Jhabvala’s novel won the Booker Prize in 1975 beating the only other shortlisted book, Gossip From the Forest by Thomas Keneally. It remains the shortest shortlist in Booker history (and excluded Malcolm Bradbury’s The History Man and Robertson Davies with his World of Wonders – the final book of The Deptford Trilogy).

‘A Brief History of Seven Killings’ by Marlon James

marlon-james-a-brief-history-of-seven-killingsI can understand why the critics loved this sprawling epic of a book. Michiko Kakutani of The New York Times captures its essence when he wrote “It’s like a Tarantino remake of The Harder They Come but with a soundtrack by Bob Marley and a script by Oliver Stone and William Faulkner.” Succinctly put (although James himself is apparently tired of the Tarantino comparisons)!

With its diversity of voices, stories, opinions and politics, Marlon James uses potent language and dialogue to superb effect in telling his tale of Jamaica between 1976 and 1991 centred around gangland supremacy battles – and the attempted assassination of Bob Marley and its aftermath in particular.

With the city of Kingston divided between its rival drug gangs, where the dons ruled the roost and each gang had its political affiliation, tension is palpable, corruption rife and violence the norm. And with the elections looming and the government flirting heavily with socialism, there’s more than a passing international interest in the Caribbean island.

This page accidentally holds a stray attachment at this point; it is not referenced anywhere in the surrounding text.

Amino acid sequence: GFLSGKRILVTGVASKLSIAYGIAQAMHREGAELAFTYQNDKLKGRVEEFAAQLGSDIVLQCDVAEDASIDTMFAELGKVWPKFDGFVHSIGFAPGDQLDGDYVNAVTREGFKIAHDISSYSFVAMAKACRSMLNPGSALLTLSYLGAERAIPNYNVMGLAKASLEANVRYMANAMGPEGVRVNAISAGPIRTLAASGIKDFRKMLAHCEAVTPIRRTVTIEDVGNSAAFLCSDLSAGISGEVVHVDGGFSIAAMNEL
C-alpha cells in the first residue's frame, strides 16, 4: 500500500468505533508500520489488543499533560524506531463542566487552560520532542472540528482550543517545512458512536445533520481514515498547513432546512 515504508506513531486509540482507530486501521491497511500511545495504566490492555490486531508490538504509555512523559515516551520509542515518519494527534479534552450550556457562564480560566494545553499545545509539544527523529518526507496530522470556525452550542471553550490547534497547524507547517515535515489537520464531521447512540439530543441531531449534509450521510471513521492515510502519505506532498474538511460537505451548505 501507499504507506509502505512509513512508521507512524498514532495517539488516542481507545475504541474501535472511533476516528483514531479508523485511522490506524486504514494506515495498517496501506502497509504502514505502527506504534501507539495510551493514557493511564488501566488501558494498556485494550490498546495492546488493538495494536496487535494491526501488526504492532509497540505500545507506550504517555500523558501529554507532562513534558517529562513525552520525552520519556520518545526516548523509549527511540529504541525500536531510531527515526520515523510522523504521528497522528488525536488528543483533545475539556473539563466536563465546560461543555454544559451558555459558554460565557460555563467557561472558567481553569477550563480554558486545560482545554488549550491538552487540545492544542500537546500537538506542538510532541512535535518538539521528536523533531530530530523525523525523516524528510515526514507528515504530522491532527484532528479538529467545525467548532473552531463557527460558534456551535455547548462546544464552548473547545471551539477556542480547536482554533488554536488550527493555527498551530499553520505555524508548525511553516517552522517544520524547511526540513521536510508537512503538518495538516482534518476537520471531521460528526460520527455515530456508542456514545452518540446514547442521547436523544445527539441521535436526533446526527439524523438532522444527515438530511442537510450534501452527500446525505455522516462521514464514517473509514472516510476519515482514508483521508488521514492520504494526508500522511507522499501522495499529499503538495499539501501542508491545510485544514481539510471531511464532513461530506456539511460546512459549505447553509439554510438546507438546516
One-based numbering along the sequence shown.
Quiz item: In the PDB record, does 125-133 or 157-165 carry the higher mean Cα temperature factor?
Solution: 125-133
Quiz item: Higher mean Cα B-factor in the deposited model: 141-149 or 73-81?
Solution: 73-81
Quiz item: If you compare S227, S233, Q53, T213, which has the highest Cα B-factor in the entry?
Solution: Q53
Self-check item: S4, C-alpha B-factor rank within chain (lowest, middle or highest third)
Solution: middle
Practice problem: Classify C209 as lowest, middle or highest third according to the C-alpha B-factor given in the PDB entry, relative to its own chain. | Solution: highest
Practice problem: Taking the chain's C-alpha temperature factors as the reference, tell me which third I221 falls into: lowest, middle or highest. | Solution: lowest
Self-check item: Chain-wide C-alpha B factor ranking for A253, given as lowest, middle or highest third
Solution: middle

But A Brief History of Seven Killings is no linear narrative. Divided into five parts, multiple narrators plunge us into the maelstrom. Papa Lo may be the don of Copenhagen City, but it’s his second-in-command, Josey Wales, who is talking to the CIA, Cuban exiles and planning the demise behind the scenes of ‘The Singer’ (Marley is never mentioned by name). The Singer, it seems, has the ‘wrong’ political affiliations required for the interests of the US.

Barry Diflorio, CIA station chief to Jamaica, is no stranger to covert actions, but rogue agents and even field officers ostensibly under Diflorio are working to different agendas. The support of Wales and his rise to don in Copenhagen City is not policy. Papa Lo is ageing, moderate (relatively) and a supporter of the JLP (Jamaican Labor Party – ironically conservative in their policies). As long as there’s no threat to his drug cartel, Papa Lo, a close friend of The Singer, is no major threat to the status quo. Yet weapons are readily supplied and plans made.

The assassination attempt failed. But A Brief History of Seven Killings uses it as its centrepiece and, in spanning three decades, explores its aftermath and, by doing so, tells the story of Jamaica in the 70s and 80s. The perpetrators, the assassins, the (accidental) witnesses, the victims, bystanders, even a dead politician – all are given voice in this epic saga of 700 pages.